Together we will defeat this Pandemic.
Malicious attachment ("WINNERS LIST COVID 19.doc") detected as a threat by multiple antivirus engines:
Instant automatic malware removal:
Manual threat removal might be a lengthy and complicated process that requires advanced computer skills. Combo Cleaner is a professional automatic malware removal tool that is recommended to get rid of malware. Download it by clicking the button below:
- What is COVID-19 Stimulus spam?
- Types of malicious emails.
- How to spot a malicious email?
- What to do if you fell for an email scam?
Types of malicious emails:
Most commonly, cybercriminals use deceptive emails to trick Internet users into giving away their sensitive private information, for example, login information for various online services, email accounts, or online banking information.
Such attacks are called phishing. In a phishing attack, cybercriminals usually send an email message with some popular service logo (for example, Microsoft, DHL, Amazon, Netflix), create urgency (wrong shipping address, expired password, etc.), and place a link which they hope their potential victims will click on.
After clicking the link presented in such email message, victims are redirected to a fake website that looks identical or extremely similar to the original one. Victims are then asked to enter their password, credit card details, or some other information that gets stolen by cybercriminals.
Emails with Malicious Attachments
Another popular attack vector is email spam with malicious attachments that infect users' computers with malware. Malicious attachments usually carry trojans that are capable of stealing passwords, banking information, and other sensitive information.
In such attacks, cybercriminals' main goal is to trick their potential victims into opening an infected email attachment. To achieve this goal, email messages usually talk about recently received invoices, faxes, or voice messages.
If a potential victim falls for the lure and opens the attachment, their computers get infected, and cybercriminals can collect a lot of sensitive information.
While it's a more complicated method to steal personal information (spam filters and antivirus programs usually detect such attempts), if successful, cybercriminals can get a much wider array of data and can collect information for a long period of time.
This is a type of phishing. In this case, users receive an email claiming that a cybercriminal could access the webcam of the potential victim and has a video recording of one's masturbation.
To get rid of the video, victims are asked to pay a ransom (usually using Bitcoin or another cryptocurrency). Nevertheless, all of these claims are false - users who receive such emails should ignore and delete them.
How to spot a malicious email?
While cyber criminals try to make their lure emails look trustworthy, here are some things that you should look for when trying to spot a phishing email:
- Check the sender's ("from") email address: Hover your mouse over the "from" address and check if it's legitimate. For example, if you received an email from Microsoft, be sure to check if the email address is @microsoft.com and not something suspicious like @m1crosoft.com, @microsfot.com, @account-security-noreply.com, etc.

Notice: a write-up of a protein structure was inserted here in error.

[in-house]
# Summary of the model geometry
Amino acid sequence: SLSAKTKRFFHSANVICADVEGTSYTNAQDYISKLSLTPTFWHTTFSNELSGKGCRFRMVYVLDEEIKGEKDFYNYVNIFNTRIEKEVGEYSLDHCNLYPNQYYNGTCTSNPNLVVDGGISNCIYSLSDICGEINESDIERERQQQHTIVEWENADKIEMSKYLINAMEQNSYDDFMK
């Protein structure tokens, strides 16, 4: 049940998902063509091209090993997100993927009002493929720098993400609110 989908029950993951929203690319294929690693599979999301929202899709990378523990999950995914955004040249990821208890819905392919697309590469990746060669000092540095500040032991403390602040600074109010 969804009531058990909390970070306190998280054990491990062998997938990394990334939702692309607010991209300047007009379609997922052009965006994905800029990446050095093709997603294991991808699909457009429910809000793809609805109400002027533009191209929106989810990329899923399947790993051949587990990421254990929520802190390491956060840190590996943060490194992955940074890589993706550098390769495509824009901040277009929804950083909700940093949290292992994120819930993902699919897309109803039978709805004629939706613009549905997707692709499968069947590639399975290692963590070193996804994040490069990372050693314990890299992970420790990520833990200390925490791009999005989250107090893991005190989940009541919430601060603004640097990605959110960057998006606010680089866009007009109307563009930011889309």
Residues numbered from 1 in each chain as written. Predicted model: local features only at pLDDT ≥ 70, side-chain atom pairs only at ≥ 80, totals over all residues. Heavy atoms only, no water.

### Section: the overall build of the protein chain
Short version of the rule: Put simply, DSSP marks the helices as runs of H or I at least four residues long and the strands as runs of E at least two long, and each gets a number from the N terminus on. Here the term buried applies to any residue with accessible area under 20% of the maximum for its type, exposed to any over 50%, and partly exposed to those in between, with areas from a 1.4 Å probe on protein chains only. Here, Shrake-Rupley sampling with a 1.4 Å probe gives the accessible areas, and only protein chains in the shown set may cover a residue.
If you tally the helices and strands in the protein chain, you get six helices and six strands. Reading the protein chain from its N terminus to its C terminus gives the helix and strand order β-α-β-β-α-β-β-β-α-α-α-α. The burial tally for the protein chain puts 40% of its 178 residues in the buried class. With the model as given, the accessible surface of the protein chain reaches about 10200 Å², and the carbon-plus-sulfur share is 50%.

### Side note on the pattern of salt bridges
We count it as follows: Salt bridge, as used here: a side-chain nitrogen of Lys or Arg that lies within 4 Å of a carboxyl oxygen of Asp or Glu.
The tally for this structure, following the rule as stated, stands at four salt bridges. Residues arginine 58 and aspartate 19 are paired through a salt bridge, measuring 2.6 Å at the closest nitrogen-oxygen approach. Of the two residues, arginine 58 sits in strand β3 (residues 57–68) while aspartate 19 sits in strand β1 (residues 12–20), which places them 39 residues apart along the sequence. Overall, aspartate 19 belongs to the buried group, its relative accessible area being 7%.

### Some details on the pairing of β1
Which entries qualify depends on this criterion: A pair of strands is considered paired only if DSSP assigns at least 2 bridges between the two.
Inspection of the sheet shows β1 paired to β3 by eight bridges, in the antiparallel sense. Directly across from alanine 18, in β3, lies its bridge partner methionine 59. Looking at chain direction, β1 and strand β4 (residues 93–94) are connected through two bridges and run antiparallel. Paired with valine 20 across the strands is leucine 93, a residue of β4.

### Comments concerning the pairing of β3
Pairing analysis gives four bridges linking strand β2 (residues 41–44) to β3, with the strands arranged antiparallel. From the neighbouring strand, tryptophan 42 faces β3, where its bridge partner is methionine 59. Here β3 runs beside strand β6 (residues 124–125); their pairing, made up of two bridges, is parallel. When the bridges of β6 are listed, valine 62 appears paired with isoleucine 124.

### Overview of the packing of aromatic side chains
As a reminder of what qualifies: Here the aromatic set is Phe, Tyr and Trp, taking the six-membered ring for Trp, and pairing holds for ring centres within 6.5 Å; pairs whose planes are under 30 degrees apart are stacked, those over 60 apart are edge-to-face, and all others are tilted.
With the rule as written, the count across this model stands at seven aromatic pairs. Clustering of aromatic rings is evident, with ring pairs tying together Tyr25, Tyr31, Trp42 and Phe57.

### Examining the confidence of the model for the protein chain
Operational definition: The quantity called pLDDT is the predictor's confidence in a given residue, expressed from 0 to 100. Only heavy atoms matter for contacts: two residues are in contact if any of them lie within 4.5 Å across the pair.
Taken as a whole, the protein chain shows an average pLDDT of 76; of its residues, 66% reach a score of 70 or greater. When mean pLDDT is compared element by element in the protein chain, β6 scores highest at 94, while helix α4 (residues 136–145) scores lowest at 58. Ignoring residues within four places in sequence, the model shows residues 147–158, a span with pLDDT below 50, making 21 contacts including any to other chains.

- Check for generic greetings: If the greeting in the email is "Dear user", "Dear @youremail.com", "Dear valued customer", this should raise suspiciousness. Most commonly, companies call you by your name. Lack of this information could signal a phishing attempt.
- Check the links in the email: Hover your mouse over the link presented in the email, if the link that appears seems suspicious, don't click it. For example, if you received an email from Microsoft and the link in the email shows that it will go to firebasestorage.googleapis.com/v0... you shouldn't trust it. It's best not to click any links in the emails but to visit the company website that sent you the email in the first place.
- Don't blindly trust email attachments: Most commonly, legitimate companies will ask you to log in to their website and to view any documents there; if you received an email with an attachment, it's a good idea to scan it with an antivirus application. Infected email attachments are a common attack vector used by cybercriminals.
To minimise the risk of opening phishing and malicious emails we recommend using Combo Cleaner Antivirus for Windows.
Example of a spam email:
What to do if you fell for an email scam?
- If you clicked on a link in a phishing email and entered your password - be sure to change your password as soon as possible. Usually, cybercriminals collect stolen credentials and then sell them to other groups that use them for malicious purposes. If you change your password in a timely manner, there's a chance that criminals won't have enough time to do any damage.
- If you entered your credit card information - contact your bank as soon as possible and explain the situation. There's a good chance that you will need to cancel your compromised credit card and get a new one.
- If you see any signs of identity theft - you should immediately contact the Federal Trade Commission. This institution will collect information about your situation and create a personal recovery plan.
- If you opened a malicious attachment - your computer is probably infected, you should scan it with a reputable antivirus application. For this purpose, we recommend using Combo Cleaner Antivirus for Windows.
- Help other Internet users - report phishing emails to Anti-Phishing Working Group, FBI’s Internet Crime Complaint Center, National Fraud Information Center and U.S. Department of Justice.